So I guess I’d argue that part of Clay’s central pain is this disconnect with the future, his queer relationship to temporality. The sense that he’s drifting, which is pretty much now a ubiquitous social phenomenon among young adults, both from Gen X and millennials living in a post-recession world. When Clay’s friends ask each other what they’ve been up to, where they’ve been, the answers are always flat and vague: ‘“Not too much”’, ‘“I don’t know”’, ‘“Like hanging around”’, ‘“Shopping”’. Sometimes they simply repeat the question back to the questioner. One of the phrases that repeats a lot throughout the text is ‘Disappear Here’, which Clay reads off a roadside billboard. In a way, the phrase represents the limit point, the blind spot, the aporia into which meaning is deferred, the space of emotion where Clay cannot go. On a sunny Friday after Christmas, Clay hangs around the beach club, waiting for his friends: ‘I sit on a bench and wait for them, staring out at the expanse of sand that meets the water, where the land ends. Disappear here.’ It’s as if the phrase is dragged up in avoidance of interior reflection; its repetition supplements the kind of psychological detail that would appear in a classic realist or bildungsroman novel. The self has dissolved into the sign: the world of surfaces, of signs referring only to signs described by Baudrillard in Simulacra and Simulations, but also literally the billboard sign, the symbol of capitalism’s flattening of the self. Not unlike the billboard advertising Eckleberg’s eyes in The Great Gatsby. Disappear here: you pour your own meaning into the sign; sign after sign constitutes self. What is it that the eyes see?

And indeed there’s something uncanny about this. Clay’s repetition of disappear here throughout the novel only adds to its temporal sense of an unending present, with the run-on sentences and disjointed dialogue creating the impression of not only a stunted self, but also a stunted world. The more you repeat something, the more it becomes meaningless. The characters’ lives stop and start: plots about drugs and sex climax brutally then fizzle to nothing. As the narrative draws to an end, it doesn’t move towards closure, but leaves the reader with an empty feeling of being lost in the world of LA. Ellis really amps up the gothic elements which have been woven in and out of the text so far. Take, for example, Clay’s description of the Ellis Costello poster at the beginning:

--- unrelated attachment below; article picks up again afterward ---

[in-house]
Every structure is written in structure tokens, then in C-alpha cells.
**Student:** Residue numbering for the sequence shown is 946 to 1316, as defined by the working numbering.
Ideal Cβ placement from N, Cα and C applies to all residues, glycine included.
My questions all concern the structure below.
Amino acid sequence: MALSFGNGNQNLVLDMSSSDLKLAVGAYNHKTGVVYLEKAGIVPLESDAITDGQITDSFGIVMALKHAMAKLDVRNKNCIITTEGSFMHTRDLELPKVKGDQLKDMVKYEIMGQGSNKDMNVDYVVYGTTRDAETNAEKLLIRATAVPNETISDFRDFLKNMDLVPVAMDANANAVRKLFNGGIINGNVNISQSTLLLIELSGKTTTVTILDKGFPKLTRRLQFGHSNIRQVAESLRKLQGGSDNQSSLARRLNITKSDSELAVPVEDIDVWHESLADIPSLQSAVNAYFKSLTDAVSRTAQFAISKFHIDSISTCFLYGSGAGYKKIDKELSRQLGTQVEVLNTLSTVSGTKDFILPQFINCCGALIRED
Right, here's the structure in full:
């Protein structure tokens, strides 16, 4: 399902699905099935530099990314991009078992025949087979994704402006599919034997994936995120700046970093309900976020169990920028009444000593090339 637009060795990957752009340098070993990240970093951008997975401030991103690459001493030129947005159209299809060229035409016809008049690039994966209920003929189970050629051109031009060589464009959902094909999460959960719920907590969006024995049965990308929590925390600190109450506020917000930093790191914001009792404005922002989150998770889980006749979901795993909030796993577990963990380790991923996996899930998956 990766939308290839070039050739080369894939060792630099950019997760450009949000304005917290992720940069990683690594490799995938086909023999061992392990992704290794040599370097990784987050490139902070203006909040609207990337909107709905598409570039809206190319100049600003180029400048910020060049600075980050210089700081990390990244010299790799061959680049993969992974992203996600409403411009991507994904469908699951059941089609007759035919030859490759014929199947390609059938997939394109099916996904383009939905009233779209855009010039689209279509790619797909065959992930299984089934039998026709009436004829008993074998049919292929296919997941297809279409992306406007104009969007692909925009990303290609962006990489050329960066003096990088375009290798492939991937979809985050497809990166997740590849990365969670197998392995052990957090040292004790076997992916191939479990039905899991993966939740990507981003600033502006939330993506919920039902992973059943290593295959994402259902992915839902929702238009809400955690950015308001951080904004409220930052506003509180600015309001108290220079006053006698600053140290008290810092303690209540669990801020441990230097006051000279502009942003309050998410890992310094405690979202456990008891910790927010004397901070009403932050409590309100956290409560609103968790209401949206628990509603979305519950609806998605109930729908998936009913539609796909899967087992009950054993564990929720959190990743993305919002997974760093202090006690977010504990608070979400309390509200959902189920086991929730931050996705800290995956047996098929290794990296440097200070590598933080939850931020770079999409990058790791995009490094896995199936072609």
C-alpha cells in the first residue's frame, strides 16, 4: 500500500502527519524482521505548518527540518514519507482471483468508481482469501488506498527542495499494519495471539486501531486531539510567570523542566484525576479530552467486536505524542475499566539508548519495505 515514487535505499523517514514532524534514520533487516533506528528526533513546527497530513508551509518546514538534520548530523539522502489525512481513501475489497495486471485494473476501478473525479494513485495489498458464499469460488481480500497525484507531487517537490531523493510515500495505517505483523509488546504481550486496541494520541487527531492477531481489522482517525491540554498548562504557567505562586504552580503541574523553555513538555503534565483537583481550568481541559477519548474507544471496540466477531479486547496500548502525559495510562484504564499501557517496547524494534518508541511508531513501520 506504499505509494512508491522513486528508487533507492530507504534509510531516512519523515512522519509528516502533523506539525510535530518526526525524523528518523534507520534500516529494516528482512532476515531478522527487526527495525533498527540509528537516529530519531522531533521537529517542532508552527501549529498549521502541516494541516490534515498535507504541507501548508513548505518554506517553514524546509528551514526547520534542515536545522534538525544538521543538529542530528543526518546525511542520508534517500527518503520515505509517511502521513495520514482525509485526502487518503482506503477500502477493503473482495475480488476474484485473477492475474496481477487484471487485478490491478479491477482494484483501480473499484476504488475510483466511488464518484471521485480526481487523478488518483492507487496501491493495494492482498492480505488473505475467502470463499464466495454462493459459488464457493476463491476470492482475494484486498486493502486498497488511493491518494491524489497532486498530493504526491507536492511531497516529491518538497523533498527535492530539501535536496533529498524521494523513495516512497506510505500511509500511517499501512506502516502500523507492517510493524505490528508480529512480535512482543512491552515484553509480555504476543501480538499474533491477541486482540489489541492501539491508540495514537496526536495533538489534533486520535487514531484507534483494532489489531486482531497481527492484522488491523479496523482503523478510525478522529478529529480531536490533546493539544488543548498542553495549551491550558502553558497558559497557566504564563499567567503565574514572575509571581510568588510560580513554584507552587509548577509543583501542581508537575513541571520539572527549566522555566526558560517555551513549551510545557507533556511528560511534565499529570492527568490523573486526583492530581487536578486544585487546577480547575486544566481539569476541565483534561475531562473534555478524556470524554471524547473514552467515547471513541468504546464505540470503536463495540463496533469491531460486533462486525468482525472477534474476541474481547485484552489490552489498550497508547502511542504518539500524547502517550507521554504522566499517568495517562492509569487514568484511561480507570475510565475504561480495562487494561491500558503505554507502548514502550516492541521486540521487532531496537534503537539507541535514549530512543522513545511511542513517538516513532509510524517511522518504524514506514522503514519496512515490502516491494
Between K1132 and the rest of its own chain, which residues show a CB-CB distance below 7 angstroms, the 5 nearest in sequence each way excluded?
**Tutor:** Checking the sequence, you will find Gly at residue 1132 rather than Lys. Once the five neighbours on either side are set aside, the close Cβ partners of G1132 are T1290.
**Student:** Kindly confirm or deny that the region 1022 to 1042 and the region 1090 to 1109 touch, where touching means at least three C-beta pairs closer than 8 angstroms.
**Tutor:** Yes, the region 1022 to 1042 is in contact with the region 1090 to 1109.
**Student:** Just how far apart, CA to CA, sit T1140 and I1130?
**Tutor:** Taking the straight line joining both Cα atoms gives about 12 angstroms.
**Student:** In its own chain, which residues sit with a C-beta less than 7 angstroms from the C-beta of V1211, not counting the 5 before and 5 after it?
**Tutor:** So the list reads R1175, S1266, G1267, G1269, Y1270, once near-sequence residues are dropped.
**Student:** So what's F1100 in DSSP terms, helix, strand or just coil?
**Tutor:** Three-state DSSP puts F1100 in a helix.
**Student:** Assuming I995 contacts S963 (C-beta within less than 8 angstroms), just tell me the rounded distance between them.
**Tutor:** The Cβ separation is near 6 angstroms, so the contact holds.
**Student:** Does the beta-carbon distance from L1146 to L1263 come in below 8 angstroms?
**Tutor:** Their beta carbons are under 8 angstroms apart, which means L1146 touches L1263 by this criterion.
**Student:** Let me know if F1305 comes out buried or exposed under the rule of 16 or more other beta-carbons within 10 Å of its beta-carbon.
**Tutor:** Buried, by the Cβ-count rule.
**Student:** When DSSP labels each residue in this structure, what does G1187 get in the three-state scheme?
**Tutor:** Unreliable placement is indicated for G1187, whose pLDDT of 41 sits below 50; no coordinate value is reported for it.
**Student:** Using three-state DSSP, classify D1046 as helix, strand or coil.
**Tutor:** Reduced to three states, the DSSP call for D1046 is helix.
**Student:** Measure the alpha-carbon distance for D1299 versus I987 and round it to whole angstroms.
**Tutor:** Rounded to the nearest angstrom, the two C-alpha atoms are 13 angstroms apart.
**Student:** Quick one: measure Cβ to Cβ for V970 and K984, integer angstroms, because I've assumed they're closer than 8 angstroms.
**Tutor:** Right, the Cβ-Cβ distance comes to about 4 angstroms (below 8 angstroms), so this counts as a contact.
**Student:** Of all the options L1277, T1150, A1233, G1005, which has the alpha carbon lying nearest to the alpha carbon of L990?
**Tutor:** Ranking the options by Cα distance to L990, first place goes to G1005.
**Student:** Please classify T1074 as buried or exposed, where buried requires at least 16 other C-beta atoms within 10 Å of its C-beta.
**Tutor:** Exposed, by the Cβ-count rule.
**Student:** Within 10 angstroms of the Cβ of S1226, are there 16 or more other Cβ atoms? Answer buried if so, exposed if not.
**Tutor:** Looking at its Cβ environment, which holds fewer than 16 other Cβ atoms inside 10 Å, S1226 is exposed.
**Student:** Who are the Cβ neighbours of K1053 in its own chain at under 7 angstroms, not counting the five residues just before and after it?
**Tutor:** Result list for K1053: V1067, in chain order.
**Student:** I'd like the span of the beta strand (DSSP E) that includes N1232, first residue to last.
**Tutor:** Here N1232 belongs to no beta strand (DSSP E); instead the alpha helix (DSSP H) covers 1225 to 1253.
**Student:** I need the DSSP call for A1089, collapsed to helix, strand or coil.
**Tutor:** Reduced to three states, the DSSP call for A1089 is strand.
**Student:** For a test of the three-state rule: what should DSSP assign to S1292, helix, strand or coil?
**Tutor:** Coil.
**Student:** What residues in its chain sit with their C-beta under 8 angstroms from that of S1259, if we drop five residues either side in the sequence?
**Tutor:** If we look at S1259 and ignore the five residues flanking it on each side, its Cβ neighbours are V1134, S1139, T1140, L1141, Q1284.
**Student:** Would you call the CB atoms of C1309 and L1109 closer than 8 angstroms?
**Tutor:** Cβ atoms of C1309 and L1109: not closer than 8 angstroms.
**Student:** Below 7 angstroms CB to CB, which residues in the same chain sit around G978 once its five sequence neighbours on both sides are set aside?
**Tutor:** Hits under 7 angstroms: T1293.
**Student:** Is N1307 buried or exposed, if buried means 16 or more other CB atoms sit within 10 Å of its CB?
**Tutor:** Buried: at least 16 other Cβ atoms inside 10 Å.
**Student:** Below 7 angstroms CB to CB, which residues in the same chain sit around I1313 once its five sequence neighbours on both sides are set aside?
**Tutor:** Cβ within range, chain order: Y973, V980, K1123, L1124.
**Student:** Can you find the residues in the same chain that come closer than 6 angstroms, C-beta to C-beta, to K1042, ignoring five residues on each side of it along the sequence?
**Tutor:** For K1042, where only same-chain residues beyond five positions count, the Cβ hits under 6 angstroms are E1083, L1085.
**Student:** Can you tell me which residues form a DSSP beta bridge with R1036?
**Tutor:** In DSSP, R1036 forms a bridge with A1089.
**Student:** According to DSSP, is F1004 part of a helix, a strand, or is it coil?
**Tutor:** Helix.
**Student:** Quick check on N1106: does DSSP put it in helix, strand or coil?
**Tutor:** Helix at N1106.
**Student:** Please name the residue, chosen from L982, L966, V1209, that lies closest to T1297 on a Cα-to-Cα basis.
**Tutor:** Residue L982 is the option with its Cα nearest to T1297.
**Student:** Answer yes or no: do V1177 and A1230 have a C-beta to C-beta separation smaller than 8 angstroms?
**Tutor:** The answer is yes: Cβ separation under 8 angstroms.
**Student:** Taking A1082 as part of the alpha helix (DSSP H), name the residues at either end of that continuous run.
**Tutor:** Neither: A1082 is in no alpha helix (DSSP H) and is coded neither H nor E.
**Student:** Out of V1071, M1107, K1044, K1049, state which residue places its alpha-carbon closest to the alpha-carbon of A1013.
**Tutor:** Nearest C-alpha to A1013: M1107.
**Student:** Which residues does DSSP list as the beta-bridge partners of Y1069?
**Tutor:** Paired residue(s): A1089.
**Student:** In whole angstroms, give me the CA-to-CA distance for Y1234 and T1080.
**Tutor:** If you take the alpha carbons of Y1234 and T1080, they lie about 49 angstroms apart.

It’s the promotional poster for an old Elvis Costello record. Elvis looks past me, with this wry, ironic smile on his lips, staring out the window. The word “Trust” hovering over his head, and his sunglasses, one lens red, the other blue, pushed down past the ridge of his nose so that you can see his eyes, which are slightly off centre. The eyes don’t look at me, though. They only look at whoever’s standing by the window[…].

The Costello poster substitutes for the spooky portrait which hangs traditionally in a gothic heroine’s bedroom. Presumably, Clay once had an interest in this poster, bought it for a reason – but now it seems eerie. The homely has become unhomely. Clay refers to the hypothetical subject ‘standing by the window’, the ghost who meets the gaze. Clay admits to being too exhausted to even be that subject, to even be the observed – ‘I’m too tired to get up and stand by the window’ – perhaps this is an early hint at his drive (conscious or otherwise) towards disappearing altogether. The elements of gothic which colour some of Clay’s narration give an expressionist tinge to his descriptions, externalising some of the inner fear and turmoil, the hollow sense of fear and emptiness at returning to a place that is no longer home, even when Clay gets his tan and starts to fit in. At a party in Malibu later on in the novel, Clay observes:

There are mostly young boys in the house and they seem to be in every room and they all look the same: thin, tan bodies, short blond hair, blank look in the blue eyes, same empty toneless voices, and then I start to wonder if I look exactly like them.

Is fitting in the same as disappearing? The boys appear strangely inhuman, little more than mannequins; uncannily voiced with the same dull monotone. It’s Clay’s sudden identification and self-realisation that startles here. Looking at the boys is like looking in the mirror and seeing many horrible doppelgängers surround you. There’s an opportunity for him to freak out about it, but instead he ‘tr[ies] to forget about it and get[s] a drink’. In short, he dissolves even deeper into the thick glaze of surfaces, spreads himself thinner as an image. When Clay first observes his bedroom poster, he’s feverish and ill, like the heroine in a gothic novel. We may not have the moors of Yorkshire, a la Wuthering Heights, but we do have the desert, the Hollywood hills and the accompanying coyotes.

As the novel starts to close, we get some spooky vignettes. Clay relates how his sister’s kitten disappears, leaving behind only ‘pieces of matted fur and dried blood’. He talks about the coyotes which sometimes come down from the hills: